Prof. Velunta spoke with thestudents about the Philippines and its colonial past and how the experience of colonialism affectsone’s experience of reading the Bible. My students who had become accustomed to taking intoconsideration the historical context of ancient texts were thinking further about the context ofthe reader of these texts. Professor Velunta helped my students think about how biblical texts areread in different communities and to realize more clearly their own social location. Needless tosay, the experience was an important one for my students and for me.Why should a biblical scholar and her students in the United States speak with a scholar in thePhilippines? Why should an educator communicate with scholars in other countries about one’sdiscipline? Why share such interchanges with students? I can offer many good reasons. Myuniversity, although located in an urban and culturally diverse region, is interested in deepeningthe global awareness of our students. While we encourage study abroad and host a number ofnotable programs for students (such as in Angers, France and Edinburgh, Scotland), faculty arealso thinking about how we can further internationalize our students’ education even on campus.Further, I have been working to make the classroom interactive and dynamic and have soughtways to share with students and to make concrete the various methodologies and approaches toreading the Bible and the nature of scholarly exchange. By speaking with a biblical scholar fromthe Philippines, my students have the opportunity to learn new perspectives and to experience thediversity and dynamism of the academy. These lofty goals I have been able to realize, in part, by1 I would like to thank Revelation Velunta and the students of Union Theological Seminary (Dasmarinas, Cavite,Philippines), Milton Acosta, and Christo Lombaard for their generosity in sharing their time and expertise withstudents at St. Edward’s University. I would also like to express my appreciation for Eric Trimble, Faculty ResourceCenter Manager of St. Edward’s University, who facilitated these video-conference sessions, and for LeighAndersen, Managing Editor of Publications, Society of Biblical Literature, for reading a draft of this essay andoffering helpful suggestions.inviting Prof. Velunta to speak with my students. The most important rewards are at theinterpersonal level. My horizons and those of my students have been expanded. Prof. Veluntachallenged us to read biblical literature differently and while we realized through the exchangeour differences, we also were reminded of how these differences enrich our world. Further,through humor as well as frank discussion of difficult texts and through Prof. Velunta’sencouraging us to reflect on our own gifts, we were reminded of our common humanity andabout what we share.Our visit with Professor Velunta of about one hour was transformative for us, recalling in manyrespects the experience of travel abroad. I have always been convinced that internationalexperiences are essential to our development. From study of languages to cultures, biblicalscholars are well poised to grasp the importance of awareness of other contexts and peoples. Ihave been enriched and challenged through such experiences and have certainly grown as aresult. The opportunities to learn from and study with excellent scholars outside of one’s homecountry, to conduct research abroad and to participate in symposia and conferences (such as theSociety of Biblical Literature International Meeting) that bring together scholars from around theworld are truly gifts that assist us in our intellectual development and scholarship. The Society ofBiblical Literature also recognizes the value in international exchanges.“The SBL launched the International Cooperation Initiative (ICI) to foster biblicalscholarship and to facilitate mutual cooperation among colleagues.” (Description of “theInternational Cooperation Initiative” (ICI), http://www.sblsite.org/InternationalCoopInitiative.aspx).“In accordance with the recommendations of the International Cooperation Initiative(ICI), SBL is establishing a set of lists that will facilitate faculty cooperation, includingexchange and co-supervision among scholars and institutions in different parts of theworld.” (the “ICI Teaching Collaboration Program”; http://www.sblsite.org/educational/ICITeaching.aspx).The International Cooperation Initiative (hereafter, ICI) and its various projects that facilitatebiblical scholarship and teaching globally are, for me, welcome additions to the Society ofBiblical Literature. In addition to being able to pledge financial support for the ICI Program, Iwas delighted to have the opportunity to demonstrate my interest in academic exchange by beinglisted on the ICI Scholar List. The “Scholar List” assists international cooperation by providing adatabase of biblical scholars who are interested in supervising or mentoring students from othercountries, teaching abroad or hosting faculty from abroad, or teaching via electronic media.While I look forward to participating further in the various kinds of scholarly exchangefacilitated by the ICI program, I can share how the Scholar List has been helpful to my studentsand me thus far.I consulted the list this last year as I sought out colleagues to serve as guest speakers by means ofvideoconferencing for some of my classes. Three biblical scholars from outside of NorthAmerica who are participants in the ICI program and willing to teach via electronic media wereespecially important in providing my students with an international perspective and, I think,expanding my students’ horizons vis-à-vis the Bible. Thanks to the ICI program andvideoconferencing, my students were able to meet and learn from Milton Acosta, Professor ofBible and Theology at the Fundación Universitaria Seminario Biblico in Medellin, Colombia,Christo Lombaard, Professor of Christian Spirituality of the University of South Africa inPretoria, and Prof. Velunta whose presentation I described above. Students at St. Edward’sUniversity benefited from the presentations of Profs. Acosta, Lombaard, and Velunta, as eachcommands different areas of expertise within biblical studies. At the same time, these biblicalscholars are masterful teachers who also brought new vistas to my students and their encounterwith the Bible.How so? A number of my students remarked that Skype was especially valuable in providingthem with a global perspective on the study of the Bible. For example, I asked students what theyknow about the Bible as a result of our visits with scholars from other countries that they wouldnot know otherwise; one student responded: “(the guest lectures) helped me to grasp the fact thatthe Hebrew Bible is interpreted differently throughout the world and (that) living conditions andpast experiences play a huge role in the interpretation of the Bible.” When asked about hisexperience speaking with our class, Prof. Velunta shared: “Opportunities to meet and interactwith people from different and diverse contexts and cultures make education exciting andchallenging.” My students and I wholeheartedly agree.While the use of technology in the classroom may not always be without difficulties and whilebringing scholars to my campus or having students and me travel to theirs would be especiallydesirous, with limited resources in the way of time and money, videoconferencing offers anotheralternative for international cooperation and scholarly exchange in the classroom. As Prof.Lombaard describes:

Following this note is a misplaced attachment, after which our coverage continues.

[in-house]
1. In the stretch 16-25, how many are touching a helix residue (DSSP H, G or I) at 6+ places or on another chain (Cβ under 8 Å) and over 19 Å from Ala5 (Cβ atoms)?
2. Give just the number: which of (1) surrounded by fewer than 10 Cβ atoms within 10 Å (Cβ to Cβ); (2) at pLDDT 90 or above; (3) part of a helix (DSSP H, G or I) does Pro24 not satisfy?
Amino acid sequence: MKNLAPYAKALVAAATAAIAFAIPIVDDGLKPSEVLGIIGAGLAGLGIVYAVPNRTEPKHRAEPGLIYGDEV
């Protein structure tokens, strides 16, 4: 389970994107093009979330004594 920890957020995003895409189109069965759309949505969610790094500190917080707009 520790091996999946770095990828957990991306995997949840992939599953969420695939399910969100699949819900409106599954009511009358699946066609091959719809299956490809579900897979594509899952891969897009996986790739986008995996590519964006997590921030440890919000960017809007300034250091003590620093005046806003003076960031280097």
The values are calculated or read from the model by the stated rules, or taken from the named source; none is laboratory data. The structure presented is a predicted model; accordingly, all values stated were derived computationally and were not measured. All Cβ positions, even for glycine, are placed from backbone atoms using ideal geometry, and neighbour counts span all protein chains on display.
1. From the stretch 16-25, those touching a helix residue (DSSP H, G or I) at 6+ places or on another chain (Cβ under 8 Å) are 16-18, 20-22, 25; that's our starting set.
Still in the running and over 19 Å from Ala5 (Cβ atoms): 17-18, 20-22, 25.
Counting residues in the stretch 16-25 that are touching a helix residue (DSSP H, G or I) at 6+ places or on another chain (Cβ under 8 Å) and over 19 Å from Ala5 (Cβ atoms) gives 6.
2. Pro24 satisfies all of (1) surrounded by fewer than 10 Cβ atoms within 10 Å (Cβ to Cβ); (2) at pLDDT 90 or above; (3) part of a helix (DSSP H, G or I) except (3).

The chance to share one’s insights with students who are oceans and continents away issomething very special. Usually this dynamic is limited to one’s own students, and a fewcolleagues at conferences. In the past, it was only with substantial commitments in traveland time that lecturers had the privilege of sharing their newly developing ideas withstudents in other contexts. Now, via technology, and facilitated by the SBL’s ICIprogram, this has become much easier. Although there is no match for the full dynamicof being present in person in a class, technologically mediated classes are by no means analternative to be ignored.